of attention) and wheel the real "stars" of the 

production from scene to scene on the stage. 

Not only did it work, but the performance was 
performed before standing-room-only crowds, 
concluding with few dry eyes. 

With the success of The Ugly Duckling came 
the inspiration for Exceptional Children's Week 
at Brigham Young University. 

Carol Anne Schuster, a talented Jewish convert 
to the Church, also was trying to find meaning 
in her life. She had tried a career in professional 
nursing in New York City. Deciding that it was 
a wrong choice for her, she came to BYU as a 
speech-dramatic arts major. She had nearly de- 
cided to give this up too when she discovered 
Dusty, Larry, and those people whose handicaps 
leave them in the land of never-grow-up. 

Putting all of her talent in this direction, she 
wrote and directed the concert for Exceptional 
Children's Week — a concert made up of nearly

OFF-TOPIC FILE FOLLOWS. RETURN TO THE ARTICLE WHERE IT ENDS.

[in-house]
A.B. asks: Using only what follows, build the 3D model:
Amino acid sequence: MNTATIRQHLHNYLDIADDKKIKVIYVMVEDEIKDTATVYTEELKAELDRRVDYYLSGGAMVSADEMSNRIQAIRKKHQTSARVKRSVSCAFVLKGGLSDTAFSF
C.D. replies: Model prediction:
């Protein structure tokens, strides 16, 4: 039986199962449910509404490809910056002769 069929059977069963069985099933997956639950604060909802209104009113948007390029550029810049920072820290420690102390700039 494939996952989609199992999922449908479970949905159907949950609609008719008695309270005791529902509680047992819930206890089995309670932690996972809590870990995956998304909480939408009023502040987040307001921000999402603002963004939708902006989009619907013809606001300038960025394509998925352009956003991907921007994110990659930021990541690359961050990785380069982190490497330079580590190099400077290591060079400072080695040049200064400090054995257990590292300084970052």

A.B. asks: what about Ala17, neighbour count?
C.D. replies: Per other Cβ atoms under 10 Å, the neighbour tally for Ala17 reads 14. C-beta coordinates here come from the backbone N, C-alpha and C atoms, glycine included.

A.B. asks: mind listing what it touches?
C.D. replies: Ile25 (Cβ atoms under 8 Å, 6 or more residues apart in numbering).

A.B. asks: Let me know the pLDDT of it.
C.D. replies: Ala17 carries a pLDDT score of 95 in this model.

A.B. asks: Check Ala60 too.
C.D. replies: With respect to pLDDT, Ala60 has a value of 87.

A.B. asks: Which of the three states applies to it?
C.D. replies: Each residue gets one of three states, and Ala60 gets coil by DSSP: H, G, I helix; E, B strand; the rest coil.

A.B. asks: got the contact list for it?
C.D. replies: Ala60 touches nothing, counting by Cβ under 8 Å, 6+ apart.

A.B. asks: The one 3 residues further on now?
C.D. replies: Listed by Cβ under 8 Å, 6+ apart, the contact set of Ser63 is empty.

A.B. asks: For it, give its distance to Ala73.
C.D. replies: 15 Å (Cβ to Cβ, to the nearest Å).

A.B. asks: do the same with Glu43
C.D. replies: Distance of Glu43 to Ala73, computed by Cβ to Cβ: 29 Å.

175 handicapped children throughout the state of 
Utah, with a children's choir, individual vocalists, 
and a rhythm band. 

After the performance members of the audi- 
ence swarmed backstage to congratulate the 
youngsters — not out of pity, but out of sincere 
gratitude for being shown a new, bright side of the 
intellectually handicapped. 

Today, what started out to be a dream has 
partially become a reality because a handful of 
people cared enough to work and make it come 
true. O 

October 1968 


Apples are for polishing. 
They're people-pleasers. 
So are kind looks and gen- 
tle phrases. 

Balls are foi 
games. Peoj 
get around 


Fun is for having. 

Girls are for loving others. 

Boys are for leading Hearts and hearths 

others. When the twain hands and houses are 

is twisted the "system" nicest when they're warm 

suffers. and ivelcoming. 

Ideas are J 

Noises are for listening to — 
like night birds and night 
locks, anthems, foghorns, 
canoe paddles, toe tappers, 
and the intricate idiom of 
new music. 

Obedience is for teens who 
want to honor their par- 
ents, that their days may 
be long on the land that 
the Lord has given them. 

is for peoj 
and pattern 
give deligh 

Truth is for telling. 

Understanding is for trying 
times. It's for parents and 
children and teachers and 

Virtue is indeed its own 

Watching is f 
ones — watch 
ters, fashio? 
your step. 
watching yc